- Disposable Sex Worker: Franz's first girlfriend Ida was a prostitute and even after she dies, while Franz does feel some amount of guilt, most of society seems to shrug his killing of her, as well as him getting an early release for murder. Franz even seduces and sleeps with Ida's sister after his release. Franz's breakdown on Mieze's murder is part of his Character Development even if society gives Reinhold a light sentence and the narrator notes that Mieze will likely receive the same treatment.Narrator: "What crime had she committed? She came from Bernau into the whirl of Berlin, she was not an innocent girl, certainly not, but her love for him was pure and steadfast; he was her man and she took care of him like a child. She was struck down because she happened by chance to encounter this man; such is life, it's really inconceivable. She rode out to Freienwalde to protect her friend, and there she was strangled, strangled, killed, extinguished; such is life...and now she's only a case for criminal inquiry, a technical process, just as when a telephone-wire is laid, that's what she has come to...She'll be displayed under glass now, face smashed, heart smashed, abdomen smashed, her smile smashed, you must console me, come along."
- Domestic Abuse: Franz killed his first girlfriend Ida like this. In the book, he gets into a jealous rage with Mieze and beats her badly and would have killed her had Reinhold not arrived and stopped him in time. Of course, Reinhold later tries to seduce Mieze and then murders her.
- The Don: Pums is a Berliner version of this. He's the leader of the gang of small time crooks, and serves as the main fence, and there is general resentment between the likes of Reinhold and "foot-soldiers" and Pums who keeps a respectable front.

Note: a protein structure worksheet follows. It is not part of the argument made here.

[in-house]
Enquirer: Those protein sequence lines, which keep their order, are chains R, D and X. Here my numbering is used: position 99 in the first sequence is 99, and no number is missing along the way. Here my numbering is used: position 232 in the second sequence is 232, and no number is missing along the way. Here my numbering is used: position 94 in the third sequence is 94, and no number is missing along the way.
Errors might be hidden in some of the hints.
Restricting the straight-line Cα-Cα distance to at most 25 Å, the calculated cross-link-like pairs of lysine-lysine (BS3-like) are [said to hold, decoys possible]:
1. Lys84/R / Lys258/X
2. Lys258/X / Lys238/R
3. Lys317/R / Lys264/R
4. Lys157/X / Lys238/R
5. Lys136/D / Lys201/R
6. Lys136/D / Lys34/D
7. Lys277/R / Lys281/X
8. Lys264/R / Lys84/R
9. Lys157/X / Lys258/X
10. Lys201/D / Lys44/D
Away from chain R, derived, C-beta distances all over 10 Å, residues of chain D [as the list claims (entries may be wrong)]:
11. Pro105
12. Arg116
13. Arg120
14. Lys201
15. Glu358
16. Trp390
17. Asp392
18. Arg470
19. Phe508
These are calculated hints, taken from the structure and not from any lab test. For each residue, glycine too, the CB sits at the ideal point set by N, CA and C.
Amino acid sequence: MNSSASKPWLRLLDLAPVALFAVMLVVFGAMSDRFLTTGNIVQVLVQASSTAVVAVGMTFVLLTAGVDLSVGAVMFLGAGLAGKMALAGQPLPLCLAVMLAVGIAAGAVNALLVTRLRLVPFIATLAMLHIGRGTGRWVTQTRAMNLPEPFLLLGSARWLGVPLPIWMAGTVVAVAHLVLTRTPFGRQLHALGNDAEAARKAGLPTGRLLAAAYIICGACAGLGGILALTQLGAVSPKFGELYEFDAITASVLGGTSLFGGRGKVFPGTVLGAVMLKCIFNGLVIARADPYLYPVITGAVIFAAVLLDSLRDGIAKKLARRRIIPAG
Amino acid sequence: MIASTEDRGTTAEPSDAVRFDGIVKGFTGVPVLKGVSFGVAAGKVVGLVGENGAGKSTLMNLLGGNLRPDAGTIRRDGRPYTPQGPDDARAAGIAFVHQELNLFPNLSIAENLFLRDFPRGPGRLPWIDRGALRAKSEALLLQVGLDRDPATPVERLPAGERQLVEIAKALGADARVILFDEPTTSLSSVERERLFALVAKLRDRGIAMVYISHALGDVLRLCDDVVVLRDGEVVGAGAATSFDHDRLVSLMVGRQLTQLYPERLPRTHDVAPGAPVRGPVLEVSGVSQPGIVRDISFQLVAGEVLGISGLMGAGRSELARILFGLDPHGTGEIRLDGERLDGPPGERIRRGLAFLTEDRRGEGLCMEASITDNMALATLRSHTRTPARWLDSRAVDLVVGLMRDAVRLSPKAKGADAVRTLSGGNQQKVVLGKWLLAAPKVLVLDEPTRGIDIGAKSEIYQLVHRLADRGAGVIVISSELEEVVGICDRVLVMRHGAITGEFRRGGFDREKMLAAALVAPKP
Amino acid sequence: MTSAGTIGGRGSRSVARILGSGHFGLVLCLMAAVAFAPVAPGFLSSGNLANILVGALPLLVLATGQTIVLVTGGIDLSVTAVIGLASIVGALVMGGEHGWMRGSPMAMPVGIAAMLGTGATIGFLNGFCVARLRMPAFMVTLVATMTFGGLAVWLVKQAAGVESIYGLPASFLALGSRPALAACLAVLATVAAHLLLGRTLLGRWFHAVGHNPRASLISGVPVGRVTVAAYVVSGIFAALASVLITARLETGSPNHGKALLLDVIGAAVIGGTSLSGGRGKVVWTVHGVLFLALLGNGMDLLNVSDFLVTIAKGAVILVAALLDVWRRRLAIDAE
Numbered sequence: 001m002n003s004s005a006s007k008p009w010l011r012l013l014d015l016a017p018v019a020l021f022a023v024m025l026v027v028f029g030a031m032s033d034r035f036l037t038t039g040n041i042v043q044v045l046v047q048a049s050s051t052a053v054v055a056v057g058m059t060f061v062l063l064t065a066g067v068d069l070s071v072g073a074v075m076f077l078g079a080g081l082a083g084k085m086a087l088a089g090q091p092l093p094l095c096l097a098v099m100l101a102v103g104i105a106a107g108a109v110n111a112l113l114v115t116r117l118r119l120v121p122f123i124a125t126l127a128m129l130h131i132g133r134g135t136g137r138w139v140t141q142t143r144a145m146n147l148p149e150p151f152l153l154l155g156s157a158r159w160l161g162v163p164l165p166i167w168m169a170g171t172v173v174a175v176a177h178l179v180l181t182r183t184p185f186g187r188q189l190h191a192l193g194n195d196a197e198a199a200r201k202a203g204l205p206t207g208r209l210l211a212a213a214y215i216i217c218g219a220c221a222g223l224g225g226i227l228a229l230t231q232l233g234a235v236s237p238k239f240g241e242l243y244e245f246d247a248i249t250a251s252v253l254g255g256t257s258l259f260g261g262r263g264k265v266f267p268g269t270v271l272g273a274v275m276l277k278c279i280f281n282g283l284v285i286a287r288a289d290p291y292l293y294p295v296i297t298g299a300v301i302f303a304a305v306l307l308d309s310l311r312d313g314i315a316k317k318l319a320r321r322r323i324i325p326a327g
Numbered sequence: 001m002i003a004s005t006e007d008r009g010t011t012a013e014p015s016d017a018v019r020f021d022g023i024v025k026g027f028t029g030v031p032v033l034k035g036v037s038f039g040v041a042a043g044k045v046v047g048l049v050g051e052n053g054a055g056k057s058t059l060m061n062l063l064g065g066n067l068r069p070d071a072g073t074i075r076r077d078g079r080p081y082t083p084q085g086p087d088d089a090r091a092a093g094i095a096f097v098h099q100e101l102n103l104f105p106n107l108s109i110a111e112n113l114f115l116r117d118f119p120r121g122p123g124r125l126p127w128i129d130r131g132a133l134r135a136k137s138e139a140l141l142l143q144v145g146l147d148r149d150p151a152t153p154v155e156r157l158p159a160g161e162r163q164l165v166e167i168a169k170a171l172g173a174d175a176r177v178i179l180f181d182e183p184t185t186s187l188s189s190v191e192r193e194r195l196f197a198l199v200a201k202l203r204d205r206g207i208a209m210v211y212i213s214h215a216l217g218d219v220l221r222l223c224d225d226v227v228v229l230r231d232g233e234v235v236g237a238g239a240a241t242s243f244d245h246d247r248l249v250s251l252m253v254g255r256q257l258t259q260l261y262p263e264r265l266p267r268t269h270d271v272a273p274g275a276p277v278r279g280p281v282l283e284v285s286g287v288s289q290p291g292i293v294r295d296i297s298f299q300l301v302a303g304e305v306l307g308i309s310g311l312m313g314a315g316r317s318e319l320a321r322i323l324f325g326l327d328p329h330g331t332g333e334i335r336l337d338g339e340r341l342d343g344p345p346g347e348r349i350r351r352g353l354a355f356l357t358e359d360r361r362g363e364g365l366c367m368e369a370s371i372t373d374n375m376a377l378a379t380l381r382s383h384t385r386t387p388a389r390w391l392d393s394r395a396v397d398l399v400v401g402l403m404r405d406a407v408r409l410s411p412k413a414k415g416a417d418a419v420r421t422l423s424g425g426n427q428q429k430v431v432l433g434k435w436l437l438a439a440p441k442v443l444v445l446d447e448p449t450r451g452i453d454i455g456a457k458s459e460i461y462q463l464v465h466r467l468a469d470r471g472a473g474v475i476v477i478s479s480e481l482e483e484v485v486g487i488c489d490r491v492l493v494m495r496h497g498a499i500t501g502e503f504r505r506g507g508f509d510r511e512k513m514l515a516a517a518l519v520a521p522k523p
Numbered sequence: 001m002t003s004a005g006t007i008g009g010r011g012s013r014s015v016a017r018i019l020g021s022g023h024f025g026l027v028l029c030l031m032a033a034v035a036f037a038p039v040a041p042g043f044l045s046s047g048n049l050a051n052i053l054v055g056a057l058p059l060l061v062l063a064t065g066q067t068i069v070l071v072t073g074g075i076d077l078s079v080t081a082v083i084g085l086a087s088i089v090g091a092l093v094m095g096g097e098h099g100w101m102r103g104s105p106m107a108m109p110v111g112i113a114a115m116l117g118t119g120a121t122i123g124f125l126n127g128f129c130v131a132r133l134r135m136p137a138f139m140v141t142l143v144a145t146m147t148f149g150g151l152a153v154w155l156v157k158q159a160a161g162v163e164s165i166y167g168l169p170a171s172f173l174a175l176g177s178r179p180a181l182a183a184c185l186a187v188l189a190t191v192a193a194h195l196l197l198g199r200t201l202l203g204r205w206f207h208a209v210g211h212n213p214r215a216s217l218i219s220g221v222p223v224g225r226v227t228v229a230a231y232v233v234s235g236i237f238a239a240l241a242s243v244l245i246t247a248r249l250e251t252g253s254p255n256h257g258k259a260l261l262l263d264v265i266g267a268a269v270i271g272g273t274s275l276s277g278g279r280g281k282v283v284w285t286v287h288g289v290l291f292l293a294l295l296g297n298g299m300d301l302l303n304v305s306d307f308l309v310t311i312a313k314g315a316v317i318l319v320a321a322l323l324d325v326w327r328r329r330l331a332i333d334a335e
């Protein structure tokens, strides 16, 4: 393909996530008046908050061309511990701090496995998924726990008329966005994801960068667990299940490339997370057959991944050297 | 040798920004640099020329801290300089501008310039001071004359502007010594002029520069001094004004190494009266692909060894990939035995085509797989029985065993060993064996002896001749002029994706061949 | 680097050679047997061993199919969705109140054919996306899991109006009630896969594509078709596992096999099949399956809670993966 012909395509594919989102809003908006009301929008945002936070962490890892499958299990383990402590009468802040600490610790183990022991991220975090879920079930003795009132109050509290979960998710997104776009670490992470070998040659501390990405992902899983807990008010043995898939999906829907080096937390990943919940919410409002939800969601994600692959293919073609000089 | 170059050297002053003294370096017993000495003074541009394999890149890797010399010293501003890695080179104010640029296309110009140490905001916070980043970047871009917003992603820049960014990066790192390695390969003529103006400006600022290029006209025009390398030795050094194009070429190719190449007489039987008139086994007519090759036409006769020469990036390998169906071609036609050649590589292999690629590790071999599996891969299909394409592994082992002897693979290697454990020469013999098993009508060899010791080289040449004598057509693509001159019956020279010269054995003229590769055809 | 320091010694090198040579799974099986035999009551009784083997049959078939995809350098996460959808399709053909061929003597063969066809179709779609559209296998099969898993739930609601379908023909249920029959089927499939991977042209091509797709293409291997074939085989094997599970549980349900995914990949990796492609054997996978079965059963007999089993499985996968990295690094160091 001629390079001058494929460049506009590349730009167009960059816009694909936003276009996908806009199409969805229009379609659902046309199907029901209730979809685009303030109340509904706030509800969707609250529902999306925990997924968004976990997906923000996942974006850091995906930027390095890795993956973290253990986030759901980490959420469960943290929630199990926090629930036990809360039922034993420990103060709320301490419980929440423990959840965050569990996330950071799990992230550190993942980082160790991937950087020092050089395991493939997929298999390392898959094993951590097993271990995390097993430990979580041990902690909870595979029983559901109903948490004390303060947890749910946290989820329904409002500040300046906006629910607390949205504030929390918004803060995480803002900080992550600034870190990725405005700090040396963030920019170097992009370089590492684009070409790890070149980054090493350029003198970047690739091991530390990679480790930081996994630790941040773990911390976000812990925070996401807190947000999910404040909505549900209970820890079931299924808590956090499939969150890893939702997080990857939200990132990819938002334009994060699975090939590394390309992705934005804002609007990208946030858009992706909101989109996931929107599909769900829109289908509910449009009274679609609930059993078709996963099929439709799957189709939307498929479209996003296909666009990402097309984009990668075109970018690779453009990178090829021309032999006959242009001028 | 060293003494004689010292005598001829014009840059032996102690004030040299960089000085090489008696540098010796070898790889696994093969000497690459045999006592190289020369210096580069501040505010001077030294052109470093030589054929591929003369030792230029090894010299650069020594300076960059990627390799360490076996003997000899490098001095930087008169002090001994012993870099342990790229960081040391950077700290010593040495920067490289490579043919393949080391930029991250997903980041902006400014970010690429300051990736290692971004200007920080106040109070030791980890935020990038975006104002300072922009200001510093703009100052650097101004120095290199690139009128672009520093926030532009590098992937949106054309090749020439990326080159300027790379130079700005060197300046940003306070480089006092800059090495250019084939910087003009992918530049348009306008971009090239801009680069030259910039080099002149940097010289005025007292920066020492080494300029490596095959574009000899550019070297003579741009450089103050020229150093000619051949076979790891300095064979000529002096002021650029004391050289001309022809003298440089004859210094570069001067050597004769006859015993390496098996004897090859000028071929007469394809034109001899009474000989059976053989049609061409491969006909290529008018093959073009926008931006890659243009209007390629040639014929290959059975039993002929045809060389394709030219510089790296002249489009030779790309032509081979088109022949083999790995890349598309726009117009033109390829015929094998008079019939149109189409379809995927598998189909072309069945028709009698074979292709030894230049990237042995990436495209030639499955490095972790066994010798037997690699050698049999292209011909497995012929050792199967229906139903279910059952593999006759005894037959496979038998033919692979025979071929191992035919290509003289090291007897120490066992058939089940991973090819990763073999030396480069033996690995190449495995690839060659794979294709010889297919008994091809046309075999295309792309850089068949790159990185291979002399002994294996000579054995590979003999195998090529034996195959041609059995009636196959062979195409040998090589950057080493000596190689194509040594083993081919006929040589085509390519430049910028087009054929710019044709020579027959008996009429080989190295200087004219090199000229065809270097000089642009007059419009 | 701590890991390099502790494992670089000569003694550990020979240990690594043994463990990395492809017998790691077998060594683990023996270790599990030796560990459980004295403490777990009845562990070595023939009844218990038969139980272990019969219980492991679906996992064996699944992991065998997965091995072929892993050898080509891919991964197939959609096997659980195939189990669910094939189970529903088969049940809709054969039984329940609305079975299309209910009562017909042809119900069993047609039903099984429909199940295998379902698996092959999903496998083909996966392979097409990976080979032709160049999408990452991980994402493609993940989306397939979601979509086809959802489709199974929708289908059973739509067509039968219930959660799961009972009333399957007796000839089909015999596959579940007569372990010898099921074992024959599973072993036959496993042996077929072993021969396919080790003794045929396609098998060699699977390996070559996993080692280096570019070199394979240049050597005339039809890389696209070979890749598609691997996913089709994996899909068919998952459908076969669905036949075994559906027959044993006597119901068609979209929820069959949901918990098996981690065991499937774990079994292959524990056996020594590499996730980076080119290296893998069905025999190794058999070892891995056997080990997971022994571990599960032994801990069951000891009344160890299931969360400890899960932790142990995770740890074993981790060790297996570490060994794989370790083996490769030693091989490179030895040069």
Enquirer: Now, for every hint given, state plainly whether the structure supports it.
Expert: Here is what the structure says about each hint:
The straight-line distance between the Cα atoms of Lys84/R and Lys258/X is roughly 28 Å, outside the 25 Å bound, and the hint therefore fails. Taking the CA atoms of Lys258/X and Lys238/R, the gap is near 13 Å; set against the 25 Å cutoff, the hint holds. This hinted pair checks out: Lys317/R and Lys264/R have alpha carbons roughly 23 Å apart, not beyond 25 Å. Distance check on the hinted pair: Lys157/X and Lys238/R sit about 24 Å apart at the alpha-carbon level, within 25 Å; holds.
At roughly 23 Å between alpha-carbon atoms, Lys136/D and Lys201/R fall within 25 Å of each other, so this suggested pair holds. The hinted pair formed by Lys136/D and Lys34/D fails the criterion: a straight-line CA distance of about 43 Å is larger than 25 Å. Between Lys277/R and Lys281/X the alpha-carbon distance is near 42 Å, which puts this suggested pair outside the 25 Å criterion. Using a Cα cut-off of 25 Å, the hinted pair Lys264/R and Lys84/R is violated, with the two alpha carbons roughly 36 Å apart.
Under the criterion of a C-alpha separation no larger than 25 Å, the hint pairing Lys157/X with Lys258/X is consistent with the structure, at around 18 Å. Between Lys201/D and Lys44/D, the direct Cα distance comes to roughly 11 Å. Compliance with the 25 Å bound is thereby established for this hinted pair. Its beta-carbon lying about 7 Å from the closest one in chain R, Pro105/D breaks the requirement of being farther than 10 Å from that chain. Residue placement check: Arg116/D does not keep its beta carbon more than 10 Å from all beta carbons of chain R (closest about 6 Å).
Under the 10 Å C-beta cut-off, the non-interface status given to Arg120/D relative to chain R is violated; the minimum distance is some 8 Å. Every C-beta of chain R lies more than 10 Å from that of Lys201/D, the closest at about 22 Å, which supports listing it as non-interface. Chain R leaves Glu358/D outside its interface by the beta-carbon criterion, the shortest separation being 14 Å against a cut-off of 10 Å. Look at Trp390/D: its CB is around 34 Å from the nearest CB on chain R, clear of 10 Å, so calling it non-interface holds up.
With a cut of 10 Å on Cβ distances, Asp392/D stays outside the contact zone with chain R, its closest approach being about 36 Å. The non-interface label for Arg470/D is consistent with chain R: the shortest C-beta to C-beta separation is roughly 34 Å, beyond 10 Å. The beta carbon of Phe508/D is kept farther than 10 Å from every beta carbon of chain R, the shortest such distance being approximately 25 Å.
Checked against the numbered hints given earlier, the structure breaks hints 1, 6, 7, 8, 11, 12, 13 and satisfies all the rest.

- Downer Ending: Mieze gets killed by Reinhold, Franz goes insane and so burdened with guilt that he refuses to speak against Reinhold who gets a minor sentence. Franz ends up losing his spirit and becomes another drone of the city.
- Extra! Extra! Read All About It!: One of Biberkopf's jobs is as a newsvendor where he sells newspapers and political pamphlets. He gets into trouble when some of his colleagues who are communists call him out for selling Nazi and Right-Wing rags. His excuse is that he does it for the money.
- Foe Romance Subtext: Between Franz and Reinhold. This of course is made text by Fassbinder.Narrator: Reinhold and Biberkopf stare fixedly at each other. The one-armed man has no pity for the man in the prisoner's box between the two policemen...he has only a curious devotion for him. I once had a faithful comrade, never a better one could there be. I must look at him, keep on looking at him, nothing seems more important than to look at you. The world is made of sugar and dirt. I can look at you quietly, without batting an eye. I know who you are. I now find you here, m'boy, in the prisoner's box, outside I'll meet you a thousand times more, but my heart will not turn to stone on account of that.
- Idiosyncratic Episode Naming: The novel's chapters have subtitles, paragraphs have subtitles, many of which in the form of In Which a Trope Is Described. Fassbinder uses some of this as the title of his episodes.
- Just a Gangster: Pums and his gang have this classic dynamic which the narrator makes into an allegory for capital and labor relations.Narrator: Early in October the dispute which Pums had feared started among the members of the gang. About money, Pums as usual, regards the sale of their stuff as the main business of the gang, Reinhold and others, including Franz, its acquisition. It's according to the latter and not according to the sales, that the division of the spoils should be regulated; they constantly attribute too high receipts to Pums and resent his monopoly in the dealings with the fences; the reliable fences want to deal with Pums alone. The gang, although Pums makes many concessions and allows them a free hand whenever possible, insist that something has to be done about it. They are more for union methods. He says they've got them already. But they refuse to believe that.
- Karma Houdini: Pums and his gang don't get ratted out by Franz in the finale, and Reinhold gets a lighter sentence.